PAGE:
On the one hand are some Christians who – holding to a literal interpretation of the Bible – believe that God created the world in seven days about 10 000 years ago. The Qur'an also says that creation took place over a matter of days, and many Muslims read this literally.

However, on the other end of the spectrum is the belief that God is responsible for that initial burst of energy that galvanised the Big Bang. One of the main arguments for this is the Law of Conservation of Energy, which states: "Energy can be neither created nor destroyed, only transferred from one state to another."

So where did the Big Bang energy come from?

A supernatural source, they argue.

One interpretation of this is intelligent design: that the universe was created by an intelligent entity, with agency. Intelligent design is seen as a way to reconcile science with religion, and an omniscient, omnipotent God with the chaotic swirl of universe expansion.

But many scientists reject the concept of supernatural causes in favour of empirical natural science. Also, not all proponents of intelligent design are religious. Many are secular, and some say that these intelligent designers could be aliens.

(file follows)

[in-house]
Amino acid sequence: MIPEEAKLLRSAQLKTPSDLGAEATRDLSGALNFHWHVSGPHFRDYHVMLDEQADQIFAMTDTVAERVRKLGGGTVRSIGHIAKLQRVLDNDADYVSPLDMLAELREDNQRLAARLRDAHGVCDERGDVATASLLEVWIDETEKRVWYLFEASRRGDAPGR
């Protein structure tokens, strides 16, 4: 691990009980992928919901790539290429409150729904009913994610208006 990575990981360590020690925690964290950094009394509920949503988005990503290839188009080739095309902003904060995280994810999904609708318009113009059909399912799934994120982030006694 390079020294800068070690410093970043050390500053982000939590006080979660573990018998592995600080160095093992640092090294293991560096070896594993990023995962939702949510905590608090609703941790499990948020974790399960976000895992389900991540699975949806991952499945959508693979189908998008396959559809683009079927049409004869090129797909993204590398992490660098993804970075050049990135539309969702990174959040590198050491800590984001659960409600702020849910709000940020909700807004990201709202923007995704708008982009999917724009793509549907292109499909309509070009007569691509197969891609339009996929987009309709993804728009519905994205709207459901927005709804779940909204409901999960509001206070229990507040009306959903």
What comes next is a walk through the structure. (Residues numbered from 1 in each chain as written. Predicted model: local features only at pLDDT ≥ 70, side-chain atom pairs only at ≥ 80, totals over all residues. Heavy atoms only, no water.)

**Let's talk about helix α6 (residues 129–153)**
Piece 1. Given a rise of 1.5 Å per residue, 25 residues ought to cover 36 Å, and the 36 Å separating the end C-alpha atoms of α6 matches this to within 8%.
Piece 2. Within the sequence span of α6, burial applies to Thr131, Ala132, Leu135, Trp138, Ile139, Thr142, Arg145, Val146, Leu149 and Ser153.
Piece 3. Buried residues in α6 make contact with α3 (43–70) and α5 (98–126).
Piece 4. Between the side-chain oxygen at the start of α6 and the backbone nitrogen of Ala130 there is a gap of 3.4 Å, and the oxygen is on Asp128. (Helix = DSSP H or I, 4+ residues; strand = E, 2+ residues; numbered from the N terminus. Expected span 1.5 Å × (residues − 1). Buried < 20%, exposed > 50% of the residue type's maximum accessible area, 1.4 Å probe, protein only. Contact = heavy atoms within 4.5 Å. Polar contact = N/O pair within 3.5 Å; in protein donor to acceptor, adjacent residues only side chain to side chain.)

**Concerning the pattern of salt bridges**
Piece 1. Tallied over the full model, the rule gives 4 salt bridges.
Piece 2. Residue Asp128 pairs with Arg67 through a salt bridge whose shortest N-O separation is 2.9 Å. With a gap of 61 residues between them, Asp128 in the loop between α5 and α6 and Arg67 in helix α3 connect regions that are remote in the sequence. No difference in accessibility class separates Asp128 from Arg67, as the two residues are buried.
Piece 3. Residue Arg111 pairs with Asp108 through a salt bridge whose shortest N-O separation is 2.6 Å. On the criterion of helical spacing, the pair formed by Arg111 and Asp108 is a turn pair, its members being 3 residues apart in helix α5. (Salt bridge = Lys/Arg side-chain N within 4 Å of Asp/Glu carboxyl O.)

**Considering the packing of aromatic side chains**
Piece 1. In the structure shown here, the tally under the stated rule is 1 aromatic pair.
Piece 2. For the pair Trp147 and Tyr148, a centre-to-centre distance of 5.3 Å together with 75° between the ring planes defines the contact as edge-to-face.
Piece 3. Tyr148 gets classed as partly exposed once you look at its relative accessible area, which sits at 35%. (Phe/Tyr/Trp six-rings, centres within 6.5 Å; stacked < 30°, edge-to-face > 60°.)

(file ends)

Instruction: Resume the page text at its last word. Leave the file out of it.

Brane theory

According to the multiverse theory, our universe is one of many, an argument allegedly supported by convoluted equations. I say allegedly because these equations are the dominion of the few who can read these highfalutin symbols that explain the world.

Our universe is like a page in a book, a thin membrane (aka a "brane"), one page among many. But in the same way that words on one page cannot slide on to another, so each universe is self-contained and distinct from the other. But if these "branes" do touch, they spark and ignite a new universe, a new "brane". The brane theory argues that this is where the energy for the Big Bang came from.